The problem was, many previously successful plodders decided it was better to be adventurers and overplayed their parts. That wasn’t my intention. There’s nothing wrong with plodding. — MC
Second. There is no maximum mathematically correct percentage of your bankroll you should be willing to risk on a given day. The more you wager relative to the size of your bankroll, the better your chances are of achieving sudden riches, and the more likely you are to go broke in the attempt.
We’ll leave discussions of the Kelly criterion and such for another day. For now, just remember that when you risk less, you’re more secure, but you can’t win as much. So there you have it, the simple truth. The amount of money you should bet is not governed by any universal formula. It is determined by you, your spirit, your courage, how much you value security and how well you can tolerate the pain of losing.
There seem to exist two main categories of professional gamblers. Those who plod along securely, accumulating their bankrolls methodically, and those who treat gambling as an adventure. Both groups have mastered techniques which afford them a winning edge.
The plodders prize security above all else. For them I recommend a solid system of money management.
The adventurers are willing to risk great agony in the pursuit of giant rewards. They tend to prance about the ladder of success, fearing less the sensation of a great fall than the humility of hanging idle. Here are the heroes in Western movies, ready to wager the ranch on the turn of a card.
Let’s be honest. You and I both admire the adventurers more than the plodders.
Just about every world-class poker player I’ve ever known is an adventurer. Occasionally they may mumble something about money management but they don’t use it very effectively. It goes against their nature. They’re too daring, too courageous and, maybe, too reckless. Sure, sometimes they go broke, but not very often, and they can handle the pain when it happens.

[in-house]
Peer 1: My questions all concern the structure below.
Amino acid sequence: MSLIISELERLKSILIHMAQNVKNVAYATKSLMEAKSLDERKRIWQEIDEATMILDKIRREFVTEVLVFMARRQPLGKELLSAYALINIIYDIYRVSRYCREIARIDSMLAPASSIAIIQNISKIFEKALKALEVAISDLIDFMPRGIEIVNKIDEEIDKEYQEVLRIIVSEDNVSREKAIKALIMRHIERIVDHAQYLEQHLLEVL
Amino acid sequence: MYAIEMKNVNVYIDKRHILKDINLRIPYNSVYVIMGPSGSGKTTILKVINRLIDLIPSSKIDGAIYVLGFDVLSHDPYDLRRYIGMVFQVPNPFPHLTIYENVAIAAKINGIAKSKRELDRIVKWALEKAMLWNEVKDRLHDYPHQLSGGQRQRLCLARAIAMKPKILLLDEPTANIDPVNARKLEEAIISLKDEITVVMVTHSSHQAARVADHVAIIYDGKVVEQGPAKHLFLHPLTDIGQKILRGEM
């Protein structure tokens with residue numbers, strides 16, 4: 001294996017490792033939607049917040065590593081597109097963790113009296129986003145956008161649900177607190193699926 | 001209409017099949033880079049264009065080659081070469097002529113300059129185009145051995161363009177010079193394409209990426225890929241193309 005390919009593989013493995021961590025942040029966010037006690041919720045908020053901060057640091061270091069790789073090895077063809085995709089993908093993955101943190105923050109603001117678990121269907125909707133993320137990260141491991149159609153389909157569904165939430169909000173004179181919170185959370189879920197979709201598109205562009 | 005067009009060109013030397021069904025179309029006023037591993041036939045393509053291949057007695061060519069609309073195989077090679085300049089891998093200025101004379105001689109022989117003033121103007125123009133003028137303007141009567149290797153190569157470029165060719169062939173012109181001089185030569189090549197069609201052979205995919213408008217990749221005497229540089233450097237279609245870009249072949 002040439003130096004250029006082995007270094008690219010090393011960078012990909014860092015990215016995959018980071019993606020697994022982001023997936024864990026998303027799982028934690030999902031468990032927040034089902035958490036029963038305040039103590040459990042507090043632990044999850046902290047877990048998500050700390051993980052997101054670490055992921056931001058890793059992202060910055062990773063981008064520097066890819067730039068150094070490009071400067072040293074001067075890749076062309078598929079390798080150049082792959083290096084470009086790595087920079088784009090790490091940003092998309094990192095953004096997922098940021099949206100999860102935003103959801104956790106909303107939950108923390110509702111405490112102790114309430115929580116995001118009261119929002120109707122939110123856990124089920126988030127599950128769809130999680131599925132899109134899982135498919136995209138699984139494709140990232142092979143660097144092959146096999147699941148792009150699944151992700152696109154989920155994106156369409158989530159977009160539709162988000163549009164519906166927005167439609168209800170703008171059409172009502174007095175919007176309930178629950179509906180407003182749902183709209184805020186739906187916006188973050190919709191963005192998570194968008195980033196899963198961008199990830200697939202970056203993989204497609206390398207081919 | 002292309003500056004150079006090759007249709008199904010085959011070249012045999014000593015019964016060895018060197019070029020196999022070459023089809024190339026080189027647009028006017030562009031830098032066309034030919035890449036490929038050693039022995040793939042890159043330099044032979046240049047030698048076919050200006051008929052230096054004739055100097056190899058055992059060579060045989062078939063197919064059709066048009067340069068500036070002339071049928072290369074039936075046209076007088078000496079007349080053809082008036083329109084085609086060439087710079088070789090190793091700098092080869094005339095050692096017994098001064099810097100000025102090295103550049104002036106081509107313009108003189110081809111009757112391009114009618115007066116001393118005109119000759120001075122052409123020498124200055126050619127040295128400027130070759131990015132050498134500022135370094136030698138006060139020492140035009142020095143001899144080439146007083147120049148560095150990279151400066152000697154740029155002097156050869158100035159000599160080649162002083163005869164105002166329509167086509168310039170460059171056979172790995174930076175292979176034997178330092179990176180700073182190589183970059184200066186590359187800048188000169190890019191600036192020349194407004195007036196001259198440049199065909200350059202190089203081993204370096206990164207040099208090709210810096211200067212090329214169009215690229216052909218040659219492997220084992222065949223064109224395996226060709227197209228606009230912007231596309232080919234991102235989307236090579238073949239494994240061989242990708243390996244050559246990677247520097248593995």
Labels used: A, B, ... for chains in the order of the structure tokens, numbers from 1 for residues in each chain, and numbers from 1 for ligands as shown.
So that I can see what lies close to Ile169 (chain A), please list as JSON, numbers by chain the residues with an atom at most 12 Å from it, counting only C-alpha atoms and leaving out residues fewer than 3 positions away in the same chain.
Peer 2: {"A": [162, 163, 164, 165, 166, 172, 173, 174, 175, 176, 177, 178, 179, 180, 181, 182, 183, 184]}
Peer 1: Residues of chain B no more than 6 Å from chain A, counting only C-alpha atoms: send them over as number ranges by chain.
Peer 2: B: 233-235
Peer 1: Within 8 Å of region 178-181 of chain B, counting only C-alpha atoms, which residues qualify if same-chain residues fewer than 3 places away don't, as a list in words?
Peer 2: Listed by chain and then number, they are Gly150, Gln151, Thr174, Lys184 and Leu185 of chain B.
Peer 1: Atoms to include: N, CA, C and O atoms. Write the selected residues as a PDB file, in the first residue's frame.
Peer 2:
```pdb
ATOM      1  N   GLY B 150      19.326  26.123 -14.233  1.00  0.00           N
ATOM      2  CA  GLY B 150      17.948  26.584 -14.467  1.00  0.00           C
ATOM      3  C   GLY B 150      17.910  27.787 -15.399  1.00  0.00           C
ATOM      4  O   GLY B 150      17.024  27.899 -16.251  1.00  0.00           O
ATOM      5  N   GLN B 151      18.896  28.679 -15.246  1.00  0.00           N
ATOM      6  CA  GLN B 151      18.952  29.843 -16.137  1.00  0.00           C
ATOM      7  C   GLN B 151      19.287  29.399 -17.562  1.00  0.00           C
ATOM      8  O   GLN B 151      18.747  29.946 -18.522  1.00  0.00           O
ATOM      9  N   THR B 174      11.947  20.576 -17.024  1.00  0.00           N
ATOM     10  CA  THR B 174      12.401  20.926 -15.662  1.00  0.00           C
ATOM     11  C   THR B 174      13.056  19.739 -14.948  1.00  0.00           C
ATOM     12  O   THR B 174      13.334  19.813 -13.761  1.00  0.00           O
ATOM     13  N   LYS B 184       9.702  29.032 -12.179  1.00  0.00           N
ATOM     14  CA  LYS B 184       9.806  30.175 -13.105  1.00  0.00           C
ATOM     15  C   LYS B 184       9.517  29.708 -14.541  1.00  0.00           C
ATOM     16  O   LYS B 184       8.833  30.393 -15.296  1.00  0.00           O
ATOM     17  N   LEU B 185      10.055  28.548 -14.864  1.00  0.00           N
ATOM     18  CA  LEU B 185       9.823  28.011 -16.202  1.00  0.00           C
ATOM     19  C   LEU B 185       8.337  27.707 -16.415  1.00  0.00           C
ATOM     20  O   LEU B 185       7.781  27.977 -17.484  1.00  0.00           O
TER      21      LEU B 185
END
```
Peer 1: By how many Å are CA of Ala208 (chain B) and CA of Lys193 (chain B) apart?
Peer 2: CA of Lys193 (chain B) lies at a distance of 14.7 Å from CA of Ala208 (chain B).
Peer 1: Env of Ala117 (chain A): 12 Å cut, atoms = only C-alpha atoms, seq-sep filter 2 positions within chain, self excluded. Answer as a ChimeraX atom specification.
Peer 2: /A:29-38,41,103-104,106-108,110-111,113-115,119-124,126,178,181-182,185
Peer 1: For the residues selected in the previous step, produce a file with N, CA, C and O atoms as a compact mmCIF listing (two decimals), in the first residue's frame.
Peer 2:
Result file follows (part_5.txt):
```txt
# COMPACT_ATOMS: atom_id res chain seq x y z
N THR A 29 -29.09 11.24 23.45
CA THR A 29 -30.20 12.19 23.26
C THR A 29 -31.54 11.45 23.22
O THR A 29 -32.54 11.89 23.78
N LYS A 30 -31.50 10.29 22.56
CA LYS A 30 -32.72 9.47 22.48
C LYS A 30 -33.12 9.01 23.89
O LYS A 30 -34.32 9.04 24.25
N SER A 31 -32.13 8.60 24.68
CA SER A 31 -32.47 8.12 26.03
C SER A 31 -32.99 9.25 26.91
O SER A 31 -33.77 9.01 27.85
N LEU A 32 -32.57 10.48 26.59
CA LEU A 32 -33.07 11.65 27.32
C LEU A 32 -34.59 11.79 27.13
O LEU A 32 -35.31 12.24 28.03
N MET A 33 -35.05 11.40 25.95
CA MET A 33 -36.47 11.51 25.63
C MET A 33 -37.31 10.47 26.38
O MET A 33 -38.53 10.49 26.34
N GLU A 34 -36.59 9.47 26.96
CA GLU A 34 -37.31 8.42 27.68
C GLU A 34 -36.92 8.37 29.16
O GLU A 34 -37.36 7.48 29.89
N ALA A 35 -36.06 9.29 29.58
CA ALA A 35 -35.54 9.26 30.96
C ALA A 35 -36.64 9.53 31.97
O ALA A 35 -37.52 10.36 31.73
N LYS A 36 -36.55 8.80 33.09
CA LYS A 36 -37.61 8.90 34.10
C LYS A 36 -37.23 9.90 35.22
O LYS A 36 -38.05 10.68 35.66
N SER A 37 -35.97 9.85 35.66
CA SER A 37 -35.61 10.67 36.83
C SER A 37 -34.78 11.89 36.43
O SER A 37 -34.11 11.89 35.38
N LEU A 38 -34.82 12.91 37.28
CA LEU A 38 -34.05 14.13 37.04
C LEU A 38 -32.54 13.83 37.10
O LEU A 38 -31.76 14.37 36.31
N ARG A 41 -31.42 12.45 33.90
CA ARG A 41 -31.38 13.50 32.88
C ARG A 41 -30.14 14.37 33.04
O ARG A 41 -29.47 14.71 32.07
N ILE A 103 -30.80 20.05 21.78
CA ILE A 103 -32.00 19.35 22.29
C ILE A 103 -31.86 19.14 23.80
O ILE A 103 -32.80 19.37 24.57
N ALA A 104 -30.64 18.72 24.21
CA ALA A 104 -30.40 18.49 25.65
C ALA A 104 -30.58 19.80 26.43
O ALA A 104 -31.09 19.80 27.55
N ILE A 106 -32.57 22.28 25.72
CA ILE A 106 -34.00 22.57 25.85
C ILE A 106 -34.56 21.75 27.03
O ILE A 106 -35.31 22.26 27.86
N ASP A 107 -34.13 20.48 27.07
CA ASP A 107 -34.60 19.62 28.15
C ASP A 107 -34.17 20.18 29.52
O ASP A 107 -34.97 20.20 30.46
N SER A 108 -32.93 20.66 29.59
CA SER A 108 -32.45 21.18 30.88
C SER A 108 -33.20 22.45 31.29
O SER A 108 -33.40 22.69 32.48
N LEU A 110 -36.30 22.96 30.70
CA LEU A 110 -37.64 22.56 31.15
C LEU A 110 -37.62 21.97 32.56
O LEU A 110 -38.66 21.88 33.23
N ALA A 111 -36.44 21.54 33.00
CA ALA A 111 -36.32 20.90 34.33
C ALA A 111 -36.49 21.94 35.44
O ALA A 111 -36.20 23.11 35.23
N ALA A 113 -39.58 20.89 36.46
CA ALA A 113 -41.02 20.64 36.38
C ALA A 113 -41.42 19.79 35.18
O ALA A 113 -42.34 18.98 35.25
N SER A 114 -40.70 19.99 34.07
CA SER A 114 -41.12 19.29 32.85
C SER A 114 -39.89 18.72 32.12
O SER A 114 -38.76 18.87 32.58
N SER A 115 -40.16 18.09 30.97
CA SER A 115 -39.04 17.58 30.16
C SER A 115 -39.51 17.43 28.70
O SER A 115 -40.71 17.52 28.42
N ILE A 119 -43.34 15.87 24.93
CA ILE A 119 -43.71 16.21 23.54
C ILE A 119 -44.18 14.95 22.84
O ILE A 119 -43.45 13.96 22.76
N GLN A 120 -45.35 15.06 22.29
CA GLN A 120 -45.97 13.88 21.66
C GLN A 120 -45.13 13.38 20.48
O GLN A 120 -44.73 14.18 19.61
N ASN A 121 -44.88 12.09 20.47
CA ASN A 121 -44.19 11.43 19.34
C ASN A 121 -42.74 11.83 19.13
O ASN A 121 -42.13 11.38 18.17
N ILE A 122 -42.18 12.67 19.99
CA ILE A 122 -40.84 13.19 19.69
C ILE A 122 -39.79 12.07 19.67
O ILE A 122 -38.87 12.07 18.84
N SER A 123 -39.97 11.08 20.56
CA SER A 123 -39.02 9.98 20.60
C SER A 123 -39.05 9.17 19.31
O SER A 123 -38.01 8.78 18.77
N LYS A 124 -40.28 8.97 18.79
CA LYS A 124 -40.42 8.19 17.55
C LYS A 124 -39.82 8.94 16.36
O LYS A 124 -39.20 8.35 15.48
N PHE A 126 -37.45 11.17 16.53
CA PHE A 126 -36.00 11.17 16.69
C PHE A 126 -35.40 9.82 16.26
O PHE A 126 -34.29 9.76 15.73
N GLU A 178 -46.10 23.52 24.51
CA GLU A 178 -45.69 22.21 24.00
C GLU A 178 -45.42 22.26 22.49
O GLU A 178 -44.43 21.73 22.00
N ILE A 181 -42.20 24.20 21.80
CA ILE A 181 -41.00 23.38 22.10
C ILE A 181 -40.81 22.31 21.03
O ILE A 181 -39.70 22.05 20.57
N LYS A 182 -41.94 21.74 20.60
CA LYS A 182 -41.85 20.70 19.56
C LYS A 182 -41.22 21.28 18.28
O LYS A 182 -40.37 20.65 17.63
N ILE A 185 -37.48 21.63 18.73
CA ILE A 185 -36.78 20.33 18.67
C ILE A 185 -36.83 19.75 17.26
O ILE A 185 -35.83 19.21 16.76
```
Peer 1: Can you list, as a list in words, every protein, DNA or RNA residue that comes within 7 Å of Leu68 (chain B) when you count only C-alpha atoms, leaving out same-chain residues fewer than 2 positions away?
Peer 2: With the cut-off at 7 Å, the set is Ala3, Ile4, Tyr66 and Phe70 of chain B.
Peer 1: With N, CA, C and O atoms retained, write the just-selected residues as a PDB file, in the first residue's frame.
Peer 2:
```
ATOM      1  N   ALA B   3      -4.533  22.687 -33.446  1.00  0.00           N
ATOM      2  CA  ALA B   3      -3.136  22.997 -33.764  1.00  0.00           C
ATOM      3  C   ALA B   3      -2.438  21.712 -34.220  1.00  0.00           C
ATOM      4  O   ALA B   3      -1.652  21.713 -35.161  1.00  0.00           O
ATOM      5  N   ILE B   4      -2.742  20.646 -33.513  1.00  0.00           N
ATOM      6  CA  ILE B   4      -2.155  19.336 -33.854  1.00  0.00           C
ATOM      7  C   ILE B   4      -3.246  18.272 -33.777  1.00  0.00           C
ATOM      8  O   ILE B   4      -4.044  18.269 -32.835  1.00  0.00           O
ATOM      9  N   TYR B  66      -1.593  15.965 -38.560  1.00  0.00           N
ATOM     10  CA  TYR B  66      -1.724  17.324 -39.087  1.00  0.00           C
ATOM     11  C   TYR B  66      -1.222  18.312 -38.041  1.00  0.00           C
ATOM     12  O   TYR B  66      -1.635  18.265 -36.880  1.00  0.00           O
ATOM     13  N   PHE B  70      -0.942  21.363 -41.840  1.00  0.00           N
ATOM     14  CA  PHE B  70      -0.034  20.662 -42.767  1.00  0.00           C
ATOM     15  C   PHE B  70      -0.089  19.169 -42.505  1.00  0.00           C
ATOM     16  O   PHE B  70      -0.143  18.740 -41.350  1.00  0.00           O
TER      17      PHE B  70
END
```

Imagine a no-limit, heads-up poker contest between a plodder and an adventurer. Let’s say they both have equal technical skills. Want a word of advice? Don’t bet on the plodder. He has no heart.
Usually, plodders won’t play against strong opposition, anyway. Challenge them and you’re apt to hear, “There’s a hundred soft spots around town. Why should I play against you?”Adventurers don’t think that way. You’ll see two world champions, Doyle Brunson and Bobby Baldwin — the best of friends away from the table — battling head-tohead for big stakes.
Why? Simple. That’s how you get to be the best. You can’t be a great prizefighter by beating up kids on the playground. Sooner or later you’ve got to fight a guy who’s likely to smash your face in. Adventurers welcome the opportunity to meet tough opponents. Plodders run and hide.
So thoroughly have plodders saturated gambling literature with their Double M fetish that a carefree gambler can’t risk much of his bankroll without feeling guilty.
If you ever find yourself churning in misery after a terrible loss, you have a friend. You’ll get no lectures here, only sympathy. If you’re an adventurer, come out of hiding. Spread the word: The tyranny of Double M is over. Mike Caro thinks you’re a hero! — MC
Next chapter in Caro on Gambling (pending)